Between the pandemic that won’t go away and the politics of the day, US stock markets shrugged it off and delivered extraordinary returns in 2021. At least we are closer to the end of the pandemic. The politics I’m not so sure about.
Economic growth forecasts for 2022 are coming down on Omicron concerns. We aren’t experiencing lockdowns, but many businesses are finding it hard to hire employees. Supply-chain issues are improved but still not operating at pre-COVID efficiency.
The hottest sectors from 2020, weren’t so hot in 2021. Still, the S&P 500 is up 115% from the COVID lows of March 2020. What way will markets go this year? By how much? Wall Street consensus forecasts are almost always up. Analysts publish a slew of well-reasoned short-term predictions that usually aren’t accurate – a coin flip at best. History tells us that markets have trended up 70% of the time on average. Below are various 10-year forecasts. All less than the long-term average. Much less in some cases.
Keep in mind these forecasts are for the S&P 500 only. We invest in multiple asset classes, so all the eggs are not in the same basket. Diversifying assets in this way helps lessen shorter-term fluctuations in your portfolio. It is reasonable to expect moderate returns over the next few years given high valuations and it does appear we have further headwinds going into 2022: government stimulus is set to scale back from the past two years; inflation is higher than we have seen in a long time; and interest rates may be moving higher.
Inflation – Will Prices Stabilize?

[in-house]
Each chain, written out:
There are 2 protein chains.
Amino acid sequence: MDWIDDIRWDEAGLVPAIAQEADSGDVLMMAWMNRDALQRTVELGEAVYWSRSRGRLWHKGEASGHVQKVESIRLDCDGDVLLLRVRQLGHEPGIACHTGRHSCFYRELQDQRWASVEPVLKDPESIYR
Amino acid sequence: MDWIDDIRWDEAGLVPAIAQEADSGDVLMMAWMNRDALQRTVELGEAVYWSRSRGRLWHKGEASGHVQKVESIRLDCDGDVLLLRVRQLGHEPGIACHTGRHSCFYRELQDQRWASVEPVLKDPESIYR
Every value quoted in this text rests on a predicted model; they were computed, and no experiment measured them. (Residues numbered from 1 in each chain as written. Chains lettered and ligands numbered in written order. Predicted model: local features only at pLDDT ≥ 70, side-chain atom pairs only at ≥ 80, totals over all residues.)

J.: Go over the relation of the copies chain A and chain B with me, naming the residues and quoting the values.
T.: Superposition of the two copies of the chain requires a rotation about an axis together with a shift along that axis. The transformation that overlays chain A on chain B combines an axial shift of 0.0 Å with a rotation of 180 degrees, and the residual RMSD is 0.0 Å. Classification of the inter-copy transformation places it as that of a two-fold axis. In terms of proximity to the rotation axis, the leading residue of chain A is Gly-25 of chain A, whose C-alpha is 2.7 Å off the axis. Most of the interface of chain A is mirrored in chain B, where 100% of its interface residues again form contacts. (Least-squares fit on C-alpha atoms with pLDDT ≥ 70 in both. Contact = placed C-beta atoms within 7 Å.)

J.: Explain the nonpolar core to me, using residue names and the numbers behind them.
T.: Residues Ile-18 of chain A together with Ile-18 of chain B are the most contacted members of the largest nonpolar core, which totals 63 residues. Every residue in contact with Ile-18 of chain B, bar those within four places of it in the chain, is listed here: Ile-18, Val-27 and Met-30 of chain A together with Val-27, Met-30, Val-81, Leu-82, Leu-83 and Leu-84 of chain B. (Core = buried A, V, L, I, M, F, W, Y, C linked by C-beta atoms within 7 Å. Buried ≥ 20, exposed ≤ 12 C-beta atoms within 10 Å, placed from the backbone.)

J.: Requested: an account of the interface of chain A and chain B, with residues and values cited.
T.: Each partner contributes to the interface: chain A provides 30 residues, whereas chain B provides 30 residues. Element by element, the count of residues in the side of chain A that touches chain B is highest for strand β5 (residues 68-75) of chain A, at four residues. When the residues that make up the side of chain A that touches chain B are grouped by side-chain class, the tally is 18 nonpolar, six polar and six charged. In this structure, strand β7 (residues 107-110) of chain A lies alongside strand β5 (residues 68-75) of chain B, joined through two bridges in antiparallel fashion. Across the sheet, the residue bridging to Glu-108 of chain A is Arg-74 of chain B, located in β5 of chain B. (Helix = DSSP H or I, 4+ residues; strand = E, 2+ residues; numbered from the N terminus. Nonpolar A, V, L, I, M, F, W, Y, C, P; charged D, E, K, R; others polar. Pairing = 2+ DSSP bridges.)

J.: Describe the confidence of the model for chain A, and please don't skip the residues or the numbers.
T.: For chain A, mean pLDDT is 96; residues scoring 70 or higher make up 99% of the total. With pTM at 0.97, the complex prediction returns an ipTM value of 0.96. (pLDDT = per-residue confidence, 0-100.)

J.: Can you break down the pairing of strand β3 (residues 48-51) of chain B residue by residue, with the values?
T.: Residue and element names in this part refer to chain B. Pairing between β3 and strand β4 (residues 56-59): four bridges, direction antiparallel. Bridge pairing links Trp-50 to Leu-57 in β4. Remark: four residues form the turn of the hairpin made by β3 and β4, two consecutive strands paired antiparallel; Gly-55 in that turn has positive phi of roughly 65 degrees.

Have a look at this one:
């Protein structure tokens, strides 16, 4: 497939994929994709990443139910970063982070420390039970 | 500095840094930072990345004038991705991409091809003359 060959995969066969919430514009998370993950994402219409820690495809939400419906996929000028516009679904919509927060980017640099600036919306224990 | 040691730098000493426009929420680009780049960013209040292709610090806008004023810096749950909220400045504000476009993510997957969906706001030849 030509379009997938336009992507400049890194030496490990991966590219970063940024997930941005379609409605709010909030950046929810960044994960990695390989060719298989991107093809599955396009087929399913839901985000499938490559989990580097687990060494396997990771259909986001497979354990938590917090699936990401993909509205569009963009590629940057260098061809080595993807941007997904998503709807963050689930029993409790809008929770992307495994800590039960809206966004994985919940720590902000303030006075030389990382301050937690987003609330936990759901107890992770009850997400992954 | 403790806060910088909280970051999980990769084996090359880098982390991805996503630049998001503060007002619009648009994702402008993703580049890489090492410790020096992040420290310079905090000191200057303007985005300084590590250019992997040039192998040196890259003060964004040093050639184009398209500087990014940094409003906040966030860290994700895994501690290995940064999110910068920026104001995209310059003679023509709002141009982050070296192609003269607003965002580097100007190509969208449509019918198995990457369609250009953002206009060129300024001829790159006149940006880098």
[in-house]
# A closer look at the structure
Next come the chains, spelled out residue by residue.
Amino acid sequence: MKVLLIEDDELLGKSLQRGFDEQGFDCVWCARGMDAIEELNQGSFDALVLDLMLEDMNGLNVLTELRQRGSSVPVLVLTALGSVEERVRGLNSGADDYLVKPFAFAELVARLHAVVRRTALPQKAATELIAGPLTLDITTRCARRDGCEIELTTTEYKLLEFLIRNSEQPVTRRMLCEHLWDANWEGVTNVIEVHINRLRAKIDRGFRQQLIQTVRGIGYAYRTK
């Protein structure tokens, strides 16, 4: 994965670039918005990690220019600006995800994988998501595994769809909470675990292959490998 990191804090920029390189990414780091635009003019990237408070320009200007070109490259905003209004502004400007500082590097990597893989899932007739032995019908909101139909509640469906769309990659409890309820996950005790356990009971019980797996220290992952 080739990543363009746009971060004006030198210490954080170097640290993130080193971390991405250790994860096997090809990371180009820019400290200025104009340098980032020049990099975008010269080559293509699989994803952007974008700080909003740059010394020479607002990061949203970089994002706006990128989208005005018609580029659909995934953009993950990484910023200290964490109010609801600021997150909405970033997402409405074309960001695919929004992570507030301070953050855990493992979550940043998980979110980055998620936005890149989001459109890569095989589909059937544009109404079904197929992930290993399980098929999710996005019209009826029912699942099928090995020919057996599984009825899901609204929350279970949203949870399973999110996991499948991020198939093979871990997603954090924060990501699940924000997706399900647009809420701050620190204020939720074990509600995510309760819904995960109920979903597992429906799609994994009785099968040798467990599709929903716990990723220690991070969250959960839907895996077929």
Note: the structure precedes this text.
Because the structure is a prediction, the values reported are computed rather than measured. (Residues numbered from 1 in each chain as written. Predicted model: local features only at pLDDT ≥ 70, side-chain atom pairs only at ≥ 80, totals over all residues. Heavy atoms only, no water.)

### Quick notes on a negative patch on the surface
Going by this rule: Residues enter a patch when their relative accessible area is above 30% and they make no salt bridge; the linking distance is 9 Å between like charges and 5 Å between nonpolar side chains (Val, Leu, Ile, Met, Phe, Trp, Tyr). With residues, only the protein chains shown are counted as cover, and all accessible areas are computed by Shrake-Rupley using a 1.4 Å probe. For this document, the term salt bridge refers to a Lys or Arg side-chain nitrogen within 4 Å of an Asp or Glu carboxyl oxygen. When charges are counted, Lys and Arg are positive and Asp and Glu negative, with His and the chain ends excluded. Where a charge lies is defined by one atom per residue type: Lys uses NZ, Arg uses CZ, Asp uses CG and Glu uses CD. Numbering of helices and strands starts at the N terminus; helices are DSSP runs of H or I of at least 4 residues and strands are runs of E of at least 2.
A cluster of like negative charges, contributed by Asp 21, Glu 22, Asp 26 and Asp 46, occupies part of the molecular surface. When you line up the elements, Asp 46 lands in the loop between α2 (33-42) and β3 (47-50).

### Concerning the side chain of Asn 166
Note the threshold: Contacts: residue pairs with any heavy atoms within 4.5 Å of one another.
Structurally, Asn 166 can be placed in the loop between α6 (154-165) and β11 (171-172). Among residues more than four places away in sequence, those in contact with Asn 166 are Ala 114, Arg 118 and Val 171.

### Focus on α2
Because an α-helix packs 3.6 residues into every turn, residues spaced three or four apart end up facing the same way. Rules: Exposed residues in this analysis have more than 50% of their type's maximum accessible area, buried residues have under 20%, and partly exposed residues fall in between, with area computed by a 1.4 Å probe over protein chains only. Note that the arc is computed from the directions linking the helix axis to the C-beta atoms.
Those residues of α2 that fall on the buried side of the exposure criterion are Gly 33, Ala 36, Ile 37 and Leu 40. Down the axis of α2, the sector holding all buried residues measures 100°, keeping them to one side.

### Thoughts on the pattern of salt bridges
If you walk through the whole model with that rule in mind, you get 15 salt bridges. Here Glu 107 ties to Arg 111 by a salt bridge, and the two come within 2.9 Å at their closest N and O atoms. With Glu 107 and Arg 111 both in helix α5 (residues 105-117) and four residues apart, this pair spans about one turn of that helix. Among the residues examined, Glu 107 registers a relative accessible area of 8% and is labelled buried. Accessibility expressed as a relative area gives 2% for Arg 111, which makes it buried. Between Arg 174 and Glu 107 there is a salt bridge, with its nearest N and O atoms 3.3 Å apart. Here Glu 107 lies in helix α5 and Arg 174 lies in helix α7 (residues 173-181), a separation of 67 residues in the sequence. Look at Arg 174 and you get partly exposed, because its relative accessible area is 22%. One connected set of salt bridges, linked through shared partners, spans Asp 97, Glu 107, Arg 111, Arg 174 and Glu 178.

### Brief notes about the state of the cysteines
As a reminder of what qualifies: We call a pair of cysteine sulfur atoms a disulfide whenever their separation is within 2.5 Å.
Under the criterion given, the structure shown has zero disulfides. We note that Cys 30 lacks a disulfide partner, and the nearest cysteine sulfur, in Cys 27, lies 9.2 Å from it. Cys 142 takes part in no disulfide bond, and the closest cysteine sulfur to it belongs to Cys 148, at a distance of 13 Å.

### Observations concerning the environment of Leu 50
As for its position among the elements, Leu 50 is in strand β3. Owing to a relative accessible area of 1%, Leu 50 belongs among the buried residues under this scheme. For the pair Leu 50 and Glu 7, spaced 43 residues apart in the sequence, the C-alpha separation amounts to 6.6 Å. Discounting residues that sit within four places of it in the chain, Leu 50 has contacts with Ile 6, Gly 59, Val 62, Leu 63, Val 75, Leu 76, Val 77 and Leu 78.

Rents and home prices are rising faster than wages. Some analysts believe the housing shortage will keep prices moving higher because millennials are discovering home ownership, boomers are buying up property with all cash offers, and private equity led investors are also buying up single family housing and playing landlord. Basic commodities like oil and food items have also moved higher.
The Federal Reserve changed its tune about inflation being “transitory.” They will begin to raise short-term interest rates this year to try and stabilize prices. Rising rates could make housing more expensive and curb demand; higher cost of credit could also slow overall economic and investment activity. Mortgage rates have jumped significantly over the past 5 months.
Can the Fed’s efforts influence long-term bond rates? The US still has higher rates than every developed economy on planet earth. Global buyers looking for safe yields in US Treasury bonds could keep long-term rates low. The cheap money might be good for speculative assets, but its less than ideal for retirement living. Low rates and inflation make it especially difficult for retirees who are living on fixed incomes.
Other analysts believe that technology will continue to exert a deflationary effect that will moderate rising prices. The Economist, believes that the aging Japanese population and its debt-driven, deflationary experience is not an outlier, but a harbinger for the developed world. Rising debt levels and demographic trends in the US, Europe, and China show aging populations with declining growth. Larry Summers has referred to this phenomenon as secular stagnation. Economies can’t sustain growth if the population is declining.
Bitcoin to the Rescue?